For centuries, beer was made and stored in wooden containers. Today, most is brewed in stainless steel tanks. But some beer makers have brought barrels back to impart the flavor of oak, bourbon, cognac and port into inventive craft brews.
Retailers report strong sales of such products. The latest barrel-aged beer flavors have draft enthusiasts so enthralled, they literally line up at supermarkets when shipments arrive.
At West Des Moines, Iowa-based Hy-Vee, the chain’s stores are challenged to keep barrel-aged beer in stock. According to Jay Wilson, assistant VP of wine and spirits, some shoppers schedule visits based on the launch of a new variety.
“We have a lot of customers who stay up to date on the release of new craft beer products, including barrel-aged beer,” said Wilson. “Sometimes, people are standing here as we stock our shelves. We refer to this type of beer as ‘in and outs’ since we sell out as quickly as we get them in.”
The chain merchandises Evil Twin’s Even More Jesus Port Barrel Aged and Evil Twin Imperial Biscotti Break Bourbon Barrel Aged beer in 22-ounce bottles together with other Evil Twin beer varieties. Brau Brothers Barrel Aged Belgian Style Quad Ale in 25-ounce bottles is mixed in with other similar beer varieties.
Jungle Jim’s International Market has been selling barrel-aged beer since day one, said Jimmy Bonaminio, director of creative services for the Fairfield, Ohio, supermarket.
“Barrel-aged beers go back hundreds of years, from the light, tart lambics and Flemish reds and browns of Belgium to big barley wines and stouts that have been thrown in various spirit and wine barrels to add additional complexity by today’s craft brewers,” Bonaminio told SN. “We often build endcaps or displays centered on an oak barrel to showcase new or popular barrel-aged beers. These beer varieties will also be merchandised into the set with their respective region of origin.”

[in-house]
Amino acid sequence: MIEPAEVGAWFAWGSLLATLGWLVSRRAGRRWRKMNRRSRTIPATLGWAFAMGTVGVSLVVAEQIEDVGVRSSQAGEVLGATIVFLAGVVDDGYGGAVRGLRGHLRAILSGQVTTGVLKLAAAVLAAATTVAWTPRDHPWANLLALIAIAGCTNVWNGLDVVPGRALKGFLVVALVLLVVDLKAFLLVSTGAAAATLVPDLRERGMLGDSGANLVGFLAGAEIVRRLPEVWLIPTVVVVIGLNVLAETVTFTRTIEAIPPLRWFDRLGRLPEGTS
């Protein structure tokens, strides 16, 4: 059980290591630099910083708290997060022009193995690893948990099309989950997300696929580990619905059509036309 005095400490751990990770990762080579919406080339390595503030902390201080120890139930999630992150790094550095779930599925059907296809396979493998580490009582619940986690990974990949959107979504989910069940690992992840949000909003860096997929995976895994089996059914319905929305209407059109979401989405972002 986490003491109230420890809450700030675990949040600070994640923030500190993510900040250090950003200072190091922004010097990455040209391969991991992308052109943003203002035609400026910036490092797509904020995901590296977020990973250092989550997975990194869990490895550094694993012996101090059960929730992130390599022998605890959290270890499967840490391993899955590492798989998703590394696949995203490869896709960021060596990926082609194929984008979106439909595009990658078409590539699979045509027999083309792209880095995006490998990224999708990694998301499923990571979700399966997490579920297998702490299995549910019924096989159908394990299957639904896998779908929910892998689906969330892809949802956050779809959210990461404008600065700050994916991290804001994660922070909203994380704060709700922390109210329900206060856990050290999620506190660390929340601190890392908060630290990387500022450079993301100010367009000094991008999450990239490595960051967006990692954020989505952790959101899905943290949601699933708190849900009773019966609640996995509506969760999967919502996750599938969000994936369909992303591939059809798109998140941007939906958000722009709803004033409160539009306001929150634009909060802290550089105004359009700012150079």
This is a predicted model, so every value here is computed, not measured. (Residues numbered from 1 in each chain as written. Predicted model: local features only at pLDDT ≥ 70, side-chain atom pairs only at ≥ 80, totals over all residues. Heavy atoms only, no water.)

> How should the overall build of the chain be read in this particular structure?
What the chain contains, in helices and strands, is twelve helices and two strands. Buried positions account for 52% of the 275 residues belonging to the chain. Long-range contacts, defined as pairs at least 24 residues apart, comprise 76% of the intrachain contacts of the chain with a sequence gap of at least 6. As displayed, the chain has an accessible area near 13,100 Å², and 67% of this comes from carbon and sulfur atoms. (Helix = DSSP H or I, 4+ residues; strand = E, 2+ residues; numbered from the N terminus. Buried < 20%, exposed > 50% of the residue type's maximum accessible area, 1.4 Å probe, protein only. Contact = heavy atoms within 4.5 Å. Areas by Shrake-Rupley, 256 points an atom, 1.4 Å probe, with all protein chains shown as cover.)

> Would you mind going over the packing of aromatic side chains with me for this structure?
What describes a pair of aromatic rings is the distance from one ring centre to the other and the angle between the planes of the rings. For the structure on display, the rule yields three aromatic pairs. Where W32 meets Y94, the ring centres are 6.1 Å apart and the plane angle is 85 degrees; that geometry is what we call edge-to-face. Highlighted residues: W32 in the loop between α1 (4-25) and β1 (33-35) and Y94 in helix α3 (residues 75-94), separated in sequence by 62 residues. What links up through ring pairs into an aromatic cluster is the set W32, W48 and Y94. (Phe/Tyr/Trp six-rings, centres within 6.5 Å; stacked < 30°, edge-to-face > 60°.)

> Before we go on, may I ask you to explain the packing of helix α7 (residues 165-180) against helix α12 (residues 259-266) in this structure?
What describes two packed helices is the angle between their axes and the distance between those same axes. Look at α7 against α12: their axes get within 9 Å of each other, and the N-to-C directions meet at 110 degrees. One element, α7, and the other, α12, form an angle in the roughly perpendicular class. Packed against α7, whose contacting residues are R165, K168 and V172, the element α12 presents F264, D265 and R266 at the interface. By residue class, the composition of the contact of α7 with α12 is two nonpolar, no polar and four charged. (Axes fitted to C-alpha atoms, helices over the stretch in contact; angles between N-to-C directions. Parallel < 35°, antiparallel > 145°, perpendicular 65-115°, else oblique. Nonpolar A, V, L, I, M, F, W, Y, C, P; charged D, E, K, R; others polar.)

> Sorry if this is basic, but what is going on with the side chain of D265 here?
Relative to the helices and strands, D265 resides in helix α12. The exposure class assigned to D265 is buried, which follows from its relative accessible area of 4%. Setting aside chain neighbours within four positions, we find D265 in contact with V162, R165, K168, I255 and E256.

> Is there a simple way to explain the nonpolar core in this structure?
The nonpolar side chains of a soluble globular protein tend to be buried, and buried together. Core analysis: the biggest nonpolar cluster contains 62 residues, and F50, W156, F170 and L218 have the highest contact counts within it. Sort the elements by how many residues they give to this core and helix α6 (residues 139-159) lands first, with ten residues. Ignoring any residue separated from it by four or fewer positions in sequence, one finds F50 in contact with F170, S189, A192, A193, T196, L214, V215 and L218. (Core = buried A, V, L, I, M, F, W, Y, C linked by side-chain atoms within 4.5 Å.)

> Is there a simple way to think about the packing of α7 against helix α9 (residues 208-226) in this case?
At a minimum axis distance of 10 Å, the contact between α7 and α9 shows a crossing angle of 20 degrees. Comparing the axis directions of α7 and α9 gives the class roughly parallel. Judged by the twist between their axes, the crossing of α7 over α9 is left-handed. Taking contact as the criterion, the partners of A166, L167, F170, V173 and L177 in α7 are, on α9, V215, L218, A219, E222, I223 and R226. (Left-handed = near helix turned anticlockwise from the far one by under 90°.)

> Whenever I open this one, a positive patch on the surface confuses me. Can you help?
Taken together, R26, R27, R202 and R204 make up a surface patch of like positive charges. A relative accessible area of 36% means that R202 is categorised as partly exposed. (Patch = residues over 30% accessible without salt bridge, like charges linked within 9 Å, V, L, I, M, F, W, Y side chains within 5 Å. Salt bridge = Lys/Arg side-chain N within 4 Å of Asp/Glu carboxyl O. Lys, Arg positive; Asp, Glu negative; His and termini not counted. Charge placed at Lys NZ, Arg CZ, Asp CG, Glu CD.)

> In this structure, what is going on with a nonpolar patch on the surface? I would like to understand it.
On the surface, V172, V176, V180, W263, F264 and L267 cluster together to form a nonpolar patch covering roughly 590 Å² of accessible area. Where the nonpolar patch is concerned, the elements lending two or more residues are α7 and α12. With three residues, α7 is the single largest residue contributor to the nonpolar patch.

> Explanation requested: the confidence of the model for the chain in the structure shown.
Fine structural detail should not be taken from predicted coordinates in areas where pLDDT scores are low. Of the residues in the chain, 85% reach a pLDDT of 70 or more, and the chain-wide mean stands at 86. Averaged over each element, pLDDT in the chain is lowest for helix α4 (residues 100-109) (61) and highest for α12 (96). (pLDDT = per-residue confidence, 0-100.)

Off the Charts
Jungle Jim’s has the same issue as Hy-Vee. Its shelves are sometimes emptied as soon as they are stocked. Bonaminio referred to the hype surrounding these sudsy top-sellers as “off the charts.”
One of the most popular products at the chain is Alltech Brewing’s KY Bourbon Barrel Ale, an amber ale from Lexington, Ky., that spends six weeks aging in freshly used bourbon barrels. Cantillon, a Belgian lambic producer, and Goose Island barrel-aged beer are also sold at Jungle Jim’s.
“Barrel-aged beer runs the gamut of flavors, textures and potency, and they are not all in massive containers and high in alcohol. Beers like lambics, with their moderate alcohol and high acidity, are actually quite quaffable,” said Bonaminio. “This spectrum represents an exciting segment of the industry, both for consumers as well as retailers, wholesalers and brewers.”
Like most craft beer, barrel-aged brands are not mass-produced and therefore, are considered rare gems, said Julia Herz, craft beer program director for the Brewers Association, Boulder, Colo. Herz pointed to the fact that 98% of the 2,700 breweries in the U.S. are small or independent and urged retailers to make extra efforts to call attention to barrel-aged beer, which is among the highest priced within the craft beer category.
Beyond the Barrel
“Grouping amidst the cheeses, like King Soopers does, can be effective. I like to say craft beer picks up where wine leaves off when pairing,” Herz said. “And, shelf-talkers sharing style information, flavor profiles, medals from specific competitions and pairing notes can help educate as well as attract the already educated.”
Brewers Association hosts an annual Brewery and Brewer of the Year Awards contest. In 2013, 12 barrel-aged beer brands were announced winners including gold medal winner Hellshire III made by Oakshire Brewing of Eugene, Ore., silver medalist Barrel-Aged Frostbite Lager by Ram Restaurant and Brewery of Wheeling, Ill., and bronze medal recipient Rum Barrel Belgian Dubbel Style Ale by Three Brothers Brewing of Harrisonburg, Va.